All I mean is that the prologue is included in the book - which is going to be released in about 2 hours - so if you're getting that, there's (probably) no reason to also get this. I happily paid $2 for this before the book was released because...I'm deeply invested in Jordan's story, LOVE what Sanderson has been doing with it, and truly enjoy listening to these two narrators who have been here since book 1. I am sooooo excited to start listening to the actual book tomorrow!!!!!
Waiting for next Wheel of Time and Song of Ice and Fire...(not holding my breath)
Been through Codex Alera, Saga of 7 Suns, Sword of Truth, Mistborn, Prince Roger, Discworld, Deathstalker, etc. etc. etc.
Looking for another long series.
Spent a LONG time on one that ... I finally gave up on when I saw this.
This is just what I needed - a book I can't put down - one that has made it again a NECESSITY that I have my ipod for my daily 1 hour plus drive. Since I'm not finished yet, the 5 stars may be premature, but I don't care. This book is GOOD.
Brandon Sanderson really, really, REALLY knows how to write. Can't wait for the next WoT book, and now, can't wait for the next in this series.
I pasted what I had for this review in Word, and it was 4 full pages, and still not done, so I decided to shorten it...
While this series is one of my favorites, it's not one I recommend to everyone. Robert Jordan's Wheel of Time series is a long journey, both wonderful and painful, that I had to listen to twice before I could truly appreciate it's coherent beauty. While most of the books I couldn't put down, a couple got quite long, and all tend to have A LOT of detail - from what people are wearing to what everyone is thinking about every facet of what they're about to do...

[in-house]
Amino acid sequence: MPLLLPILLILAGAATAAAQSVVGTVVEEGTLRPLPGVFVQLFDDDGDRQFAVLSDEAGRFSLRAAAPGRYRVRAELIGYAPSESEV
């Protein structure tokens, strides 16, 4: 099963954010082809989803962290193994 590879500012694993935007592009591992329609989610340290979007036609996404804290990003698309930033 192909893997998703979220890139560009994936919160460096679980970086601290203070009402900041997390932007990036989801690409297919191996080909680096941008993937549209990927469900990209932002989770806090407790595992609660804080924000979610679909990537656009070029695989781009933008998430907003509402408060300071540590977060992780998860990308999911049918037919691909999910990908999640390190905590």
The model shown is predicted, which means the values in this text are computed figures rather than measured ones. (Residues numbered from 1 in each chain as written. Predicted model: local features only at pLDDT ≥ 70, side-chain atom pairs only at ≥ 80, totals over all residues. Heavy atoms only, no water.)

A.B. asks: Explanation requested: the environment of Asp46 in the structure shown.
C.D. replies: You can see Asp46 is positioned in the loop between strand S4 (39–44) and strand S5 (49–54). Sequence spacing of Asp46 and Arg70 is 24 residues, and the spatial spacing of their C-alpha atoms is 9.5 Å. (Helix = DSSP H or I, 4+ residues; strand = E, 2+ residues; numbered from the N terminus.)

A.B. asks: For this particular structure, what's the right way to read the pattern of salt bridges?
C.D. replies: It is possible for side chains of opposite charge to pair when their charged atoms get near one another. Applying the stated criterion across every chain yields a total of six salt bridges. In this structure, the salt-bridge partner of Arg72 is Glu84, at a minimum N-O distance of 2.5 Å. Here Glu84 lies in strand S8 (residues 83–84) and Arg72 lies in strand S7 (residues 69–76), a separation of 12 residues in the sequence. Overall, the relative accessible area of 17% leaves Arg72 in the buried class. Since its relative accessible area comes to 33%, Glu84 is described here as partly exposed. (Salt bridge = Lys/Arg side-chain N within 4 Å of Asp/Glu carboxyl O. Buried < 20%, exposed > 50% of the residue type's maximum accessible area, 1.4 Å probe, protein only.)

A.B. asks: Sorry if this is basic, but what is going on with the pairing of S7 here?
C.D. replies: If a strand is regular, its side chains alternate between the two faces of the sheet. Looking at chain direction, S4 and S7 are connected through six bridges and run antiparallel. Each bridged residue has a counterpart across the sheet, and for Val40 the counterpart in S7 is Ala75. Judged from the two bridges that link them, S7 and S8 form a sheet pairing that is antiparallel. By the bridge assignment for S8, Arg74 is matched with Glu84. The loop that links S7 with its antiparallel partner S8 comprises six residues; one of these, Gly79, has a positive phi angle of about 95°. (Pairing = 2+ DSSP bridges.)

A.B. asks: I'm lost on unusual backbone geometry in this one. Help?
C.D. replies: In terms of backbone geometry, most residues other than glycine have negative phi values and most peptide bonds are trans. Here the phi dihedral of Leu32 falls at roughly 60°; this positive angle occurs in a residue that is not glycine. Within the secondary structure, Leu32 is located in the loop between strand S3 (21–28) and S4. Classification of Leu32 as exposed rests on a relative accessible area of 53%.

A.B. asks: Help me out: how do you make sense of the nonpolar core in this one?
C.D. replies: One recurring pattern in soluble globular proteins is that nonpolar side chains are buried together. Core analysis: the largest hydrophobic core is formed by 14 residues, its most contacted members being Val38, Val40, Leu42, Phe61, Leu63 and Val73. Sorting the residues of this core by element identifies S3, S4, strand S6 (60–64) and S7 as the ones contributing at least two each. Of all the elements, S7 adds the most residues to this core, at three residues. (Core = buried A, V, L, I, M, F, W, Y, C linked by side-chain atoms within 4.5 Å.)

Robert Jordan passed away, before completing the series. Mr. Jordan's wife then made the two best decisions possible for the series, given the heartbreaking loss of her husband:
1. Ask Brandon Sanderson to complete the series
2. Do it in three books instead of one
What Brandon Sanderson did with completing Robert Jordan's series, was the work of a true master. Mr. Sanderson is not just a great writer, he truly loves this series. You can see it in his work - he knows and understands each of the characters - and is emotionally attached to them as Jordan was, and as I am. I mean no disrespect to Robert Jordan when I say that Brandon Sanderson channeling Robert Jordan is as good as, if not better, than Robert Jordan alone.
After 20+ years of marching toward the final battle, as confident as I was that Mr. Jordan had this story done right, I was honestly prepared to be at least a little disappointed, but I was not. These last three books were awesome, and I feel this part of my life (yes, I mean this series) is complete. Thanks Mr. and Mrs. Jordan, and Mr. Sanderson. Also, thanks to the narrators Kate Reading and Michael Kramer who were there for the whole series!
Gen-Xer, software engineer, and lifelong avid reader. Soft spots for sci-fi, fantasy, and history, but I'll read anything good.
There was a time when the fantasy genre didn't just exist to entertain, but sometimes aspired to a higher level of artfulness. The Shadow of the Torturer is such a book. Set in a far distant future, when Earth's sun is fading and human society has lost much of its technological aptitude, Wolfe's novel has a haunting, elegiac quality. It's written in a voice reminiscent of 19th century writers like Poe or Dickens, which adds to the melancholy beauty. Fortunately for the squeamish, though torture is part of the story, it's not described in much detail.
In terms of plot, The Shadow of the Torturer isn't a complex novel. The protagonist grows up under the protection of a strange, cloistered society, learns a few things about the outside world, betrays his guardians, and is thrown out to seek his own fortune -- familiar fantasy stuff. But what sets the book apart from standard swords-and-sorcery fare is the richness of its language and the great imagination in its details; the difference is like comparing a fine oil painting to a crude computer graphic rendering. It has subtlety that forces the reader to pay attention. Wolfe messes with time and space, contemplates philosophical ideas, writes long exchanges whose import isn't immediately clear, and relies on the audience to make sense of the strange, slightly dreamlike events that unfold in the story, rather than spelling out how they're connected.
Without a doubt, this is a book that will absorb some readers and alienate others. Wolfe's ornate, college-level English, though not difficult, is not for everyone. Nor will everyone relate to the protagonist's detached, clinical voice. Basically, if you're looking for a light, Harry Potter-style book with instantly charismatic characters, you're better off going elsewhere. But, for readers who appreciate sophisticated writing and atmospheric, textured imaginary worlds, this is a great read.